The Seven Years War, Die Kriegskunst v2, 28mm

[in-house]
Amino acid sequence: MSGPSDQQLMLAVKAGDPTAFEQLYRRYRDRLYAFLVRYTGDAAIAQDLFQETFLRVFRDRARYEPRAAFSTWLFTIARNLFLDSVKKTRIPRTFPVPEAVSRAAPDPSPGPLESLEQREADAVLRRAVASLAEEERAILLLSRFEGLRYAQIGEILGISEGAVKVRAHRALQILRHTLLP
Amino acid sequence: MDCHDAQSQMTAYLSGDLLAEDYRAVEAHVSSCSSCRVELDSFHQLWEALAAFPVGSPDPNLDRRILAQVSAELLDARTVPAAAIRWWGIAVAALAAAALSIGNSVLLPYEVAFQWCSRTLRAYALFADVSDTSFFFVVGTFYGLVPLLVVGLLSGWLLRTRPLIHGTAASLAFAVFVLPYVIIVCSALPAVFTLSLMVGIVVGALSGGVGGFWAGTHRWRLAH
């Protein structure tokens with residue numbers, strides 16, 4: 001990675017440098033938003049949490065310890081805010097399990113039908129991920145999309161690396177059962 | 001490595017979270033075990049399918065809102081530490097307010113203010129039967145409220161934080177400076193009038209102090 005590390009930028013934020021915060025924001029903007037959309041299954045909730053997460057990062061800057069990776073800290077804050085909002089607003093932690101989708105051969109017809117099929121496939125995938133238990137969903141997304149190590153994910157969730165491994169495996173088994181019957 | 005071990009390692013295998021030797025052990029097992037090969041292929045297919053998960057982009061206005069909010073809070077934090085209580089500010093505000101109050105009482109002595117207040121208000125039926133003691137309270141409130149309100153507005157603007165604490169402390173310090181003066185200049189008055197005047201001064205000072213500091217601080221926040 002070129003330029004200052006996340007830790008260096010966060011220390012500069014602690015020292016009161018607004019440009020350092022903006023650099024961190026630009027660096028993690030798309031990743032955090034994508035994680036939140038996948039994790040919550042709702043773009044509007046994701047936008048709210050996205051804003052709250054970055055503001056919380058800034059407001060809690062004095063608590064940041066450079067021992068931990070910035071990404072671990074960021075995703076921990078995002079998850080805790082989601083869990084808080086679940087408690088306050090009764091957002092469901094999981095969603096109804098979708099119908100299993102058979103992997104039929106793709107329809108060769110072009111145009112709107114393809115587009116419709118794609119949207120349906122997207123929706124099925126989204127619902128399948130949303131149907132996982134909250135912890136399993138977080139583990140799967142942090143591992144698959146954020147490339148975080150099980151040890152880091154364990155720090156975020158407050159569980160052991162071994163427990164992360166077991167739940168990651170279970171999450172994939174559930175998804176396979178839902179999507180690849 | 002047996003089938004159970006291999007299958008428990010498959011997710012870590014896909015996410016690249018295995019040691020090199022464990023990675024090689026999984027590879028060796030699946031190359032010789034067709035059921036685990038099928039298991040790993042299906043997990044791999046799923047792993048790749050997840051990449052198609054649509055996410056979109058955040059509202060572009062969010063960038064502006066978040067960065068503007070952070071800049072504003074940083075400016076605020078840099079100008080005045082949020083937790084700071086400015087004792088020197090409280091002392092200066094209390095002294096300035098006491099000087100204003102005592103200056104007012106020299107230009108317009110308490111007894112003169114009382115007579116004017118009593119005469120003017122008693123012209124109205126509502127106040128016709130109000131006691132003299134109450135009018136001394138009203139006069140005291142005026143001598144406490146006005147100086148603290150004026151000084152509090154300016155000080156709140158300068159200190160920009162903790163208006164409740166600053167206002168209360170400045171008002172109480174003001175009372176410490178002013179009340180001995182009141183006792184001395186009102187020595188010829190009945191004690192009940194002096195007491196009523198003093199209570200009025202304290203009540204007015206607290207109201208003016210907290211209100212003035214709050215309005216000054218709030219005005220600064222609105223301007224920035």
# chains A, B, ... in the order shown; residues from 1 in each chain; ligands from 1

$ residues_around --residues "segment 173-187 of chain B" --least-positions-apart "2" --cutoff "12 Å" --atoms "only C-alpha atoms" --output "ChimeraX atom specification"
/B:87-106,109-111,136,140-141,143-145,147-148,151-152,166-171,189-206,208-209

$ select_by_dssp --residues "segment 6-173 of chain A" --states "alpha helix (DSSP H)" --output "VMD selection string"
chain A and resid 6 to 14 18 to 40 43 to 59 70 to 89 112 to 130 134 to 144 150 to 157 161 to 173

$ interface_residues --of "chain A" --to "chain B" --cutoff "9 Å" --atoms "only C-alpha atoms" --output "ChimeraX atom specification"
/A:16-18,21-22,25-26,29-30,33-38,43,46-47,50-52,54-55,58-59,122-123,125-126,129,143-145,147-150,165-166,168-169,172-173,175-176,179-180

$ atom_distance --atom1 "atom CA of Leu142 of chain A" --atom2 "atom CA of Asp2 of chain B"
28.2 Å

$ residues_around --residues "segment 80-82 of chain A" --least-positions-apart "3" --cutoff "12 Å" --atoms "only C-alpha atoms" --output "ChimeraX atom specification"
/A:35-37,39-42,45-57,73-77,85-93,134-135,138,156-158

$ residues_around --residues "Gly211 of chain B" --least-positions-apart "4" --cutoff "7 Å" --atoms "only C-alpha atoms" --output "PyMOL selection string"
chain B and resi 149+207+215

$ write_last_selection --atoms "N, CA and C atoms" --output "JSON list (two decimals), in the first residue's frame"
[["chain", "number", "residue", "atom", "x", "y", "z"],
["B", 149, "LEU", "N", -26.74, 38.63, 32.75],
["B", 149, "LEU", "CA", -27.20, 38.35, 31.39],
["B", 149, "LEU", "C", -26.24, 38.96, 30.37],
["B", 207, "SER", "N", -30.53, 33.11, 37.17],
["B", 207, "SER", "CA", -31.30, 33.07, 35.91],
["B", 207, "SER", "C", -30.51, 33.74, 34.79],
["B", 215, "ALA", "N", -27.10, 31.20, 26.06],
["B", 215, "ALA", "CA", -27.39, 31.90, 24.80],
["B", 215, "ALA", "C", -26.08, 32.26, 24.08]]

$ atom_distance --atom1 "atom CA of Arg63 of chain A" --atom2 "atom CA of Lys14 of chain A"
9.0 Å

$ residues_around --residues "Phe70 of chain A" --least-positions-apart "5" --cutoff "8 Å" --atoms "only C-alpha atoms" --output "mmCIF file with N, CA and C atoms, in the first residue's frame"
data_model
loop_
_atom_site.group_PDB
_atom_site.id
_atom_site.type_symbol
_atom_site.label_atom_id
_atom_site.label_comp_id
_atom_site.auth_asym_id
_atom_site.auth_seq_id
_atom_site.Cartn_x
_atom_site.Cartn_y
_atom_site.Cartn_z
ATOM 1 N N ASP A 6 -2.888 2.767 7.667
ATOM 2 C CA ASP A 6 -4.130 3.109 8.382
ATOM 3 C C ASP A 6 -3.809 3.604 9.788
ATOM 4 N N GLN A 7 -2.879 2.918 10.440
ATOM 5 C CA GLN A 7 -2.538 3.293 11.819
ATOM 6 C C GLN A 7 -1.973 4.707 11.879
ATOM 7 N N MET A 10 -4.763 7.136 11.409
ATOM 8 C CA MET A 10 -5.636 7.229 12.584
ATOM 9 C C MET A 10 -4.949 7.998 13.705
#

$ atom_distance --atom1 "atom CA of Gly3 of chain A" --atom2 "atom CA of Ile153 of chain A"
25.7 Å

This week we were off to High Germany, for our first proper playtest of Die Kriegskunst 2, or Son of Kriegskunst, or whatever we’re going to call it. Essentially the rules are a modified version of Dave Brown’s General d’Armee, with a lot of the original Die Kriegskunst thrown into the pot. Although the rules keep evolving, and we’re trying out different things every time we play a game, the basic system is gradually coming together. So, it’s time to see if it works. This week the battle was fought largely to work out if we’d got the firing system right, and to get people used to the Staff orders system. It was a clash between the French and the Western Allies, fought out around the particularly bleak road junction of Wildnis Kreuzung (Wilderness Crossroads). The Western Allied army consisted of six infantry battalions, six cavalry squadrons and a gun battery. The whole army was Hanovarian, apart from three battalions – two of which were Hessian and one British). This force was divided into three brigades- two of infantry and one of cavalry. Their job was to hold the key crossroads, while the rest of their army march forward in support. The French were there to dislodge them, and to seize the crossroads for themselves. Incidentally the crossroads was marked by a marvelous stone roadside cross, produced by Michael Scott of Supreme Littleness Designs. The French also had two infantry and one cavalry brigades to play with, but their force was slightly larger – eight infantry battalions and eight squadrons, plus a gun battery. Michael, Michael and Michael commanded the Allies between them (we had some fun with that one), while Campbell and Peter took charge of the French. I did my level best to play the part of the impartial umpire and rules supremo, and as all the figures were mine, I really didn’t have a bias for one side or the other. Well, perhaps a little. Allez les Bleux! The game began with the Allies forming up into some semblance of a neat line, with their guns in the centre. German Michael kept failing his brigade activation rolls, so his Anglo-Hessian brigade spent the first three turns rated as “Hesitant”. As he wasn’t doing much other than defending though, this probably didn’t matter. MDF Michael was a little more adventurous with his cavalry though, advancing on the right of the Allied line, to confront his French counterparts, which were moving forward along the edge of the North Woods. Campbell had two more squadrons, but while both of Michael’s regiments (the Breidenbach Dragoons and the von Grothaus cavalry) were rated “battle cavalry”, Campbell’s mounted brigade was more of a mixed bag. The Dauphin cavalry were rated Veteran “battle cavalry”, Chabrillan were line “battle cavalry”, and the La Reine Dragoons were slightly inferior, and rated as “campaign cavalry”. This was really to see what difference the various ratings might have on the coming fight. Both sides seemed a little reluctant to get stuck in, but when Campbell’s brigade failed their brigade activation and became “Hesitant”, Michael seized his chance. The four squadrons of the Breidenbach Dragoons charged their red-coated counterparts in the La Reine regiment, and gave them a fairly rough handling. The melee ended with the French dragoons in retreat. The von Grothaus regiment moved up to do its bit, and took aim at the Dauphin regiment, which had been the sole target of the Hanovarian guns as the French army advanced across the table. For the moment though we’ll leave the cavalry, to see how the infantry clash was developing. The Hanovarian brigade at the crossroads had stood its ground, its line centred on its accompanying gun battery, while to its left, German Michael’s brigade was starting to move – erratically. Its units moved sideways a bit, then back again, while the sole British battalion actually advanced into the South Wood, on the edge of the table. The reason was that the French advance had come close enough to pose something of a threat. The French guns had unlimbered when they got into effective range, and began pounding away at the Hessian Leibregiment. To the left of the guns Campbell’s infantry brigade – two battalions each of the La Mark and Conde regiments – were deploying from column of march into column of line. In Kriegskunst this involves turning sideways to the enemy, so Campbell wisely did this before his men got within effective range of the enemy guns! Behind the guns Peter’s brigade (two battalions of Touraine, and one each of the Tournaisis regiment and Dillon’s Irish) began deploying in support of them, ready to advance on the Hessians, the troops skirting the edge of the South Wood. That explained why Michael’s British 25th Foot had advanced into the woods – to protect the flank of the Hessians – but there were too many enemy troops around, so in the end he withdrew, shadowed through the trees by the Irishmen from Dillon’s. It was now clear though, that Peter was going to rely on firepower to win the day – his guns were doing all the fighting, and his infantry were really just there to support them with long-range musketry. Meanwhile, there were developments over in the cavalry battle being fought near the North Woods. First, Von Grothaus had charged the Dauphin Regiment, and routed it from the table. It was now free to choose another target, but with not around it swung round to threaten the flank of Campbell’s infantry, which were now approaching the crossroads. behind them, the Breidenbach dragoons had charged the Chabrillan regiment, and forced it to retire. However, thanks to another bout of nifty die-rolling Campbell not only rallied both the remaining French cavalry, but the Chabrillans charged the Hanovarian dragoons, and forced them into retreat. This cavalry clash had been a real yo-yo affair, and a hard-fought one, but it now looked as if the French were gradually gaining the upper hand. Back at the crossroads though, Campbell’s infantry charged home, with a battalion of Conde regiment on the left, fighting the von Wangenheim regiment, while on their left the blue-coated Germans of the La Mark regiment took on von Diepenbroik’s men. Both French regiments were supported by their second battalions, while in the Hanovarian ranks the only available support came from the Jung Zastrow regiment in reserve – and the guns. After a couple of hard-fought melees the Conde regiment drove their German opponents back, while La Mark eventually pulled back a little, as both sides decided to resolve the issue using musketry. Unfortunately that’s where we finished the game. As a playtest the aim was to try things out, and to introduce five players to the new-look rules, but the game actually turned out to be a real hum-dinger, and there was still everything to play for. The rules – despite a few page-turning moments – worked well, and the players soon picked up the game’s rhythm, which was dictated in no small part by the allocation of Staff Officers, by Initiative, and by the propensity of brigades to go “Hesitant” at key moments! So, for me it’s back to the rules tinkering, but we’ll fight another battle soon, and so the struggle between La Belle France and her Germanic neighbours will continue.